March 5 - Britain's Finance Minister George Osborne was isolated when he met with his EU counterparts on Tuesday, as the UK is the only member state which wants to water down a European cap on bankers' bonuses. The City of London is the region's financial centre, and the British government is afraid of an exodus of bankers and staff. Joanna Partridge reports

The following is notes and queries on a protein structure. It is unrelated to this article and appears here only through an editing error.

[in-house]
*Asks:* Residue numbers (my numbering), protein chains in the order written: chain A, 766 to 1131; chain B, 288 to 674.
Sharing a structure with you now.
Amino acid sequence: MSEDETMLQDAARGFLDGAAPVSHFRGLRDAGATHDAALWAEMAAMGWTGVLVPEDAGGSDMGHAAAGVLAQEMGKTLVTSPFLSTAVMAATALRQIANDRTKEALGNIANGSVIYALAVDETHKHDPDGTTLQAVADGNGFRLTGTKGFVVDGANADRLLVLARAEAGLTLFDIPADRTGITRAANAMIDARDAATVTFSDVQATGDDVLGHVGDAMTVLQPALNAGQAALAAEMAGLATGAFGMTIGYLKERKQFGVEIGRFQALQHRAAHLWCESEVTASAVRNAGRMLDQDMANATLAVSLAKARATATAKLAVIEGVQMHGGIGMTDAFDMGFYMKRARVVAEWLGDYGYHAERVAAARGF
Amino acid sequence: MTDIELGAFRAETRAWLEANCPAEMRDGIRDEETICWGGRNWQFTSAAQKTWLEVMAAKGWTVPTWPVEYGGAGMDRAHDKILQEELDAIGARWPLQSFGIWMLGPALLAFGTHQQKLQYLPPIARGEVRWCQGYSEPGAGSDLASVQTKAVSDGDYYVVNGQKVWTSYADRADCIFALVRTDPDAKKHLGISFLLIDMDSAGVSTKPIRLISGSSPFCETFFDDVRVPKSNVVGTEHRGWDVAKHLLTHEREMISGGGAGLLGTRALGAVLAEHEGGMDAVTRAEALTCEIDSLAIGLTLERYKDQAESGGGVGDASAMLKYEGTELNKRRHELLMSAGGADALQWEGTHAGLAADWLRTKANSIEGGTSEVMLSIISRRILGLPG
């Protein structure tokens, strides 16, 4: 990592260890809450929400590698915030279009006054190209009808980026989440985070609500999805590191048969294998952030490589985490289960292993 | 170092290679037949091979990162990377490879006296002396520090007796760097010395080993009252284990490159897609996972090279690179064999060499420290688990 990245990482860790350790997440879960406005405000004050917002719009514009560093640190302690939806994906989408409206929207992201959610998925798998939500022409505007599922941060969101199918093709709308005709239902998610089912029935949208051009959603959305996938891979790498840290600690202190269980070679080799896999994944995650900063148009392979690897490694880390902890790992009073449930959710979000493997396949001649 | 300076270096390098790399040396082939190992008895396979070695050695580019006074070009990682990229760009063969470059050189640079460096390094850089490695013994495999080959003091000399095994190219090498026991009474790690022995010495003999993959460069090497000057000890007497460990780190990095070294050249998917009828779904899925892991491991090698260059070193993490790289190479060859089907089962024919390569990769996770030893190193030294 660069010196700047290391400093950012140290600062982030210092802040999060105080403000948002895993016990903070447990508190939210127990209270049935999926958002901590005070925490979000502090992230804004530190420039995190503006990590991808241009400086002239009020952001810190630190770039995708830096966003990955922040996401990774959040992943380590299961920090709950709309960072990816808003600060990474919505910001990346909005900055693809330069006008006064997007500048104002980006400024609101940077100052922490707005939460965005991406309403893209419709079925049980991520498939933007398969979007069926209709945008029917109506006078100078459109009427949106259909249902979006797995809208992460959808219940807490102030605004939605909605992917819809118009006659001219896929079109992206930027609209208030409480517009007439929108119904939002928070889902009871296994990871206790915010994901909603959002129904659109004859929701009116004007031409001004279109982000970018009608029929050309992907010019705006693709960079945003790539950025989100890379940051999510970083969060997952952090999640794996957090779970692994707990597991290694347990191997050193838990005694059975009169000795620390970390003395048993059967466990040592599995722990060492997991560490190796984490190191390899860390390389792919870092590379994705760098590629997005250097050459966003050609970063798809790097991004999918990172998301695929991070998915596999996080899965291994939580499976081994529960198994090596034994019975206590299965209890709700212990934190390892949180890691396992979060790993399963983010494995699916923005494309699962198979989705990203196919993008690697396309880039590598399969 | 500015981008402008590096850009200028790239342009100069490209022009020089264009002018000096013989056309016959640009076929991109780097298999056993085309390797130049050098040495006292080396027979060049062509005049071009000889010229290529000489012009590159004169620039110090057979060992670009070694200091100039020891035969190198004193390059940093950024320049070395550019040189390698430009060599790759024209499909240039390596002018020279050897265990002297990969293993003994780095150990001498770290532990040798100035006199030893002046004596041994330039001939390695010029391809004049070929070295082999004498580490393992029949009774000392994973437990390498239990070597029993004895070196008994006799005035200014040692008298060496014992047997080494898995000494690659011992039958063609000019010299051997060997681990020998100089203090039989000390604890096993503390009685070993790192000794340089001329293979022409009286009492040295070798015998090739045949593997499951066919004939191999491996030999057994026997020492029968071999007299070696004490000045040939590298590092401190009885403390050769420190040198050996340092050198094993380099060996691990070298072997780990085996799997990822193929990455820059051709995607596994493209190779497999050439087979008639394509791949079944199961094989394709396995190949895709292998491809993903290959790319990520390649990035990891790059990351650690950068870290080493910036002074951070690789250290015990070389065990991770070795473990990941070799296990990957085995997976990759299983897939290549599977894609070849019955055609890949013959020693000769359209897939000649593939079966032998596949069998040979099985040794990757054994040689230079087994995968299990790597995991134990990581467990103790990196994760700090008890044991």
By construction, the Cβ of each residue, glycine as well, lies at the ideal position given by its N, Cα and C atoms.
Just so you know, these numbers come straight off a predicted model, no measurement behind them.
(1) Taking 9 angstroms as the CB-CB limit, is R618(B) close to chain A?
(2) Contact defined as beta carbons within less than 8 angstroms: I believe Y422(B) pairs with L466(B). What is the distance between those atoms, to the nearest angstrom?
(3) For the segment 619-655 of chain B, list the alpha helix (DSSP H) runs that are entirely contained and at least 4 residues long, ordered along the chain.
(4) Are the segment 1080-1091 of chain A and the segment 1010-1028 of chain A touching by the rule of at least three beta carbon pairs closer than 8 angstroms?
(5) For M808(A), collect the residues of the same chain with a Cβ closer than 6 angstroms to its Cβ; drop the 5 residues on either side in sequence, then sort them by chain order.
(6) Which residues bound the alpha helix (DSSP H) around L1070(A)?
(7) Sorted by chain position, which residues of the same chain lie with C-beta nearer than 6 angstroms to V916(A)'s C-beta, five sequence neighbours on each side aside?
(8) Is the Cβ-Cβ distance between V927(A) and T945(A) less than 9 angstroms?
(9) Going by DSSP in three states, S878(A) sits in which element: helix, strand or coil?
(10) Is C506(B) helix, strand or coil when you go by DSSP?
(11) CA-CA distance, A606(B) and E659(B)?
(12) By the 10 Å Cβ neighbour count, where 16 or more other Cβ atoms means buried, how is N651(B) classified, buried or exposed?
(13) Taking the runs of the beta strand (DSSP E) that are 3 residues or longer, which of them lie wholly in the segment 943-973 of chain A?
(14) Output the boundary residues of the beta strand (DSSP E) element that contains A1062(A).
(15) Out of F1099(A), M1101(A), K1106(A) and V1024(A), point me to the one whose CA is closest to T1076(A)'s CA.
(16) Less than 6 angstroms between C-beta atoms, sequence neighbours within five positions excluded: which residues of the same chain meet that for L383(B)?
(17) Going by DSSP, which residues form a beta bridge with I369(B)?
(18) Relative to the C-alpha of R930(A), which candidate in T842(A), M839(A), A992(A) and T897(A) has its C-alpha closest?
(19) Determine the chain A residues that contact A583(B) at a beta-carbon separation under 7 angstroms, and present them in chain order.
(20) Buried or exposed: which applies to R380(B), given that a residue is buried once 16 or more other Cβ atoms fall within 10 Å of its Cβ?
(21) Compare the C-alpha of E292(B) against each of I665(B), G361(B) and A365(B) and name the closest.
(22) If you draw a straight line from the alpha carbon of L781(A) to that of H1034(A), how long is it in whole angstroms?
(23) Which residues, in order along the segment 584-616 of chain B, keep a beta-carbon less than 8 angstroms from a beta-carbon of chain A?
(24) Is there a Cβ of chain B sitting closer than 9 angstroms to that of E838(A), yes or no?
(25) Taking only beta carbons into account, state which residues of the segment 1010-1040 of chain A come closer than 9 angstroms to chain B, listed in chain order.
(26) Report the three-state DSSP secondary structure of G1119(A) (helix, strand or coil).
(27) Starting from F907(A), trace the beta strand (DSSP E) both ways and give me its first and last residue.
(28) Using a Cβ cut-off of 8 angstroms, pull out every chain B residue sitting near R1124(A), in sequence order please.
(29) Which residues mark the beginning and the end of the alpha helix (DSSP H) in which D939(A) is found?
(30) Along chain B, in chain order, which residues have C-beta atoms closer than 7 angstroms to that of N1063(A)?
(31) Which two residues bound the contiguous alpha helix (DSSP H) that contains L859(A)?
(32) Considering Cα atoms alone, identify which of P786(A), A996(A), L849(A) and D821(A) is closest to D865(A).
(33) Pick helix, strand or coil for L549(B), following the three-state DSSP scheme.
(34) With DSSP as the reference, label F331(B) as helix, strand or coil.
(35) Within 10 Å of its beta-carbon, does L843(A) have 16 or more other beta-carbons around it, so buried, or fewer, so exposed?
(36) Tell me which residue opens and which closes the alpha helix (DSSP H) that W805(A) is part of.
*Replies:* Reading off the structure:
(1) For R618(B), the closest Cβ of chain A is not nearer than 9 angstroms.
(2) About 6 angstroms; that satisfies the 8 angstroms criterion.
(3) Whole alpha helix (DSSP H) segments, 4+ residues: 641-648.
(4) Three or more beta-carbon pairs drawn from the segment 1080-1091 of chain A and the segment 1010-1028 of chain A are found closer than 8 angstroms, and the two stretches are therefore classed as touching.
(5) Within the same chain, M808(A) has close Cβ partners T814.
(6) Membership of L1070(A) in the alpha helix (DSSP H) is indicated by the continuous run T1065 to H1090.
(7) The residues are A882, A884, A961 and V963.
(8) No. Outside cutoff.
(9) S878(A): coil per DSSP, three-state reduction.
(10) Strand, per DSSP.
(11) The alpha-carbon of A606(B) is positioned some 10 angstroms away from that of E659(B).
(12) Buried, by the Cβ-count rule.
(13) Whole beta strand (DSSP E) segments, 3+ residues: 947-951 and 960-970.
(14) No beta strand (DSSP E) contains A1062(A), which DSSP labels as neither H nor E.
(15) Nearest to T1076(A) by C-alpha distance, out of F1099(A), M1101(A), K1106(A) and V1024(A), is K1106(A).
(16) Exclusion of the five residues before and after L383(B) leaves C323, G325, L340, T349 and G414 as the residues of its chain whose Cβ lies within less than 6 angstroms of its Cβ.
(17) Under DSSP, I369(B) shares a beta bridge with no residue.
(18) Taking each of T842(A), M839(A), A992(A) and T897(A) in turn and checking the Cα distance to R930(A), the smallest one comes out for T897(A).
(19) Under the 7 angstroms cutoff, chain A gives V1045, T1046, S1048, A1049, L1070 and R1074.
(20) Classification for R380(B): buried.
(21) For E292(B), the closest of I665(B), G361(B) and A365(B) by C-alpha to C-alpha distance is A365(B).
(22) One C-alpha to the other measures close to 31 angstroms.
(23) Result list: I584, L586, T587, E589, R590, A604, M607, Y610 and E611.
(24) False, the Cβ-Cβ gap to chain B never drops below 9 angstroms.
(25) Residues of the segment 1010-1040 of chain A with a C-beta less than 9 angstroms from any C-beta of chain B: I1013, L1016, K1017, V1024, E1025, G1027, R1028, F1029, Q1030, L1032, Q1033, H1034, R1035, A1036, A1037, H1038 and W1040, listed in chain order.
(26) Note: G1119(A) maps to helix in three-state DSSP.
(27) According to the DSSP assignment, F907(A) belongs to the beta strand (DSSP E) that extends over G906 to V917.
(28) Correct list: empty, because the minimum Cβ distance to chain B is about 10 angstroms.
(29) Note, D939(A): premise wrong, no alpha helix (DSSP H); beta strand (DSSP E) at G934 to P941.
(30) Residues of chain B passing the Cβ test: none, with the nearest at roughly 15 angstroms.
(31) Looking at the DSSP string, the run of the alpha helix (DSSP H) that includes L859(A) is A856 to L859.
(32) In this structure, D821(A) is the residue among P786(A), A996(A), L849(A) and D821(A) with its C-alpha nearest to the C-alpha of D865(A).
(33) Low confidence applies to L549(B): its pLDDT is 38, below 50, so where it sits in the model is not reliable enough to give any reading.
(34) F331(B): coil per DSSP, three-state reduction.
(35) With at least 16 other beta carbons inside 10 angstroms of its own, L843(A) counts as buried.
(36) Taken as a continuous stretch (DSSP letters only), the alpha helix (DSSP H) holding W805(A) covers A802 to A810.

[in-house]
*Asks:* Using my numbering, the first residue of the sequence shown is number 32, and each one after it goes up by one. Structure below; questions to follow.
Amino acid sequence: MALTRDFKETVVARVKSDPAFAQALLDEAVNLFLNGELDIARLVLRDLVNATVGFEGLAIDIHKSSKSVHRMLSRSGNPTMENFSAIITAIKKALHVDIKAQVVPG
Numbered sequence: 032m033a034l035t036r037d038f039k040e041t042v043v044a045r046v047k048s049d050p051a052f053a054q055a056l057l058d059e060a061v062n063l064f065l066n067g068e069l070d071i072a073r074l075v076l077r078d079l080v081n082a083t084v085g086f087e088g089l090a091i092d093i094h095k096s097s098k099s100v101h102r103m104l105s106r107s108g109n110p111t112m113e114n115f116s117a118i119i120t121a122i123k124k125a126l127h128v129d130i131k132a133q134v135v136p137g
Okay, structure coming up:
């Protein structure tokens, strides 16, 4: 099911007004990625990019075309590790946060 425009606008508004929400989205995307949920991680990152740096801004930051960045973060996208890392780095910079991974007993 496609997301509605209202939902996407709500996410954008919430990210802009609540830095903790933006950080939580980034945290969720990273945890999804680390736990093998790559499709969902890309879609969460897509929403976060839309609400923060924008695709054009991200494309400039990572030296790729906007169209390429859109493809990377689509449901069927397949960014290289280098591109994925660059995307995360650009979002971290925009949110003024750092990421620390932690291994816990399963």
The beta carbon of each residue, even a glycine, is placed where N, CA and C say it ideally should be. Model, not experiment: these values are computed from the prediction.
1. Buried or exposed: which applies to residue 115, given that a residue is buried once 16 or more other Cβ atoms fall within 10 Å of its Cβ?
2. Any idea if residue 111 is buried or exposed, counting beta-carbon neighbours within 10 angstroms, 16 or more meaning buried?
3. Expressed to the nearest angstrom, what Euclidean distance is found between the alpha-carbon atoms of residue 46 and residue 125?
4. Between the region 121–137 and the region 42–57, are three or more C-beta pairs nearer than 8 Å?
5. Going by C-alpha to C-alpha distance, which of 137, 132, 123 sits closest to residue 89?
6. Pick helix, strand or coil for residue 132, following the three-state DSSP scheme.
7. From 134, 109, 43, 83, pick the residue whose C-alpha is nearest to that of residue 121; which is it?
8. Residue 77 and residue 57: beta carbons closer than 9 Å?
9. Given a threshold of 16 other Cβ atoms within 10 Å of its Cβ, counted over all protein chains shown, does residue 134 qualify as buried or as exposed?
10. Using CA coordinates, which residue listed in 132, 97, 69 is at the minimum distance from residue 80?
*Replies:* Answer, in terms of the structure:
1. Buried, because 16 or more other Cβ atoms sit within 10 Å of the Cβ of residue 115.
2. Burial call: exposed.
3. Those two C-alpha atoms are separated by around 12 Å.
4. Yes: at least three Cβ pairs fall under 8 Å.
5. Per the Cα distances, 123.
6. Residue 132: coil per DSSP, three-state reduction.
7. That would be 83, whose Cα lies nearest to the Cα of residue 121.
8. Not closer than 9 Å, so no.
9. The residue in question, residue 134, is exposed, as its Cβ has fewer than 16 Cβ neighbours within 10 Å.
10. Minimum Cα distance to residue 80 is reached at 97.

On a mission. British Finance Minister George Osborne headed to Brussels hoping to persuade his EU counterparts to water down their plans to cap bankers' bonuses. But he didn't find much support. Last week, the EU parliament agreed on measures to prevent bankers getting bonuses bigger than their annual salaries. It's popular with voters but the draft legislation hasn't gone down well in the City of London, Europe's financial capital. Osborne told the other finance ministers a cap would have a "perverse" effect, and push up salaries. It would be harder to claw back bonuses when things go wrong. But the only concession he won was a postponement of the final decision. German Finance Minister Wolfgang Schaeuble said he wanted a deal which Britain agreed with. SOUNDBITE: Wolfgang Schaeuble, German Finance Minister, saying (English): "There is broad political support for this compromise, also from the parliament. There are a few technical questions that need to be further worked on. I hope that with the clarification of these technical questions we will ensure that the United Kingdom will be able to come to an agreement with the others by the time we reach the official approval at the end of the process." UK media reports have suggested some of the City's big banks are considering a lawsuit against the EU. Alastair McCaig from IG Index doesn't think that's very likely. SOUNDBITE: Alastair McCaig, Analyst, IG Index, saying (English): "It's slightly puzzling as to who exactly might be part of this and exactly how flexible the EU might be in regards to their policies here. Certainly the UK stands alone in their ethos of their bonus structure as far as the City is concerned, and the City of London for a long time has been viewed as the real powerhouse of finance as far as Europe is concerned." London fears the new rules might lead to an exodus of major banks and staff. But the UK's HSBC, which has threatened to move in the past, says it doesn't have any current plans to leave. Osborne doesn't want to give them any excuse to change their mind. But he can't veto the new measures, as they'll be passed with majority support.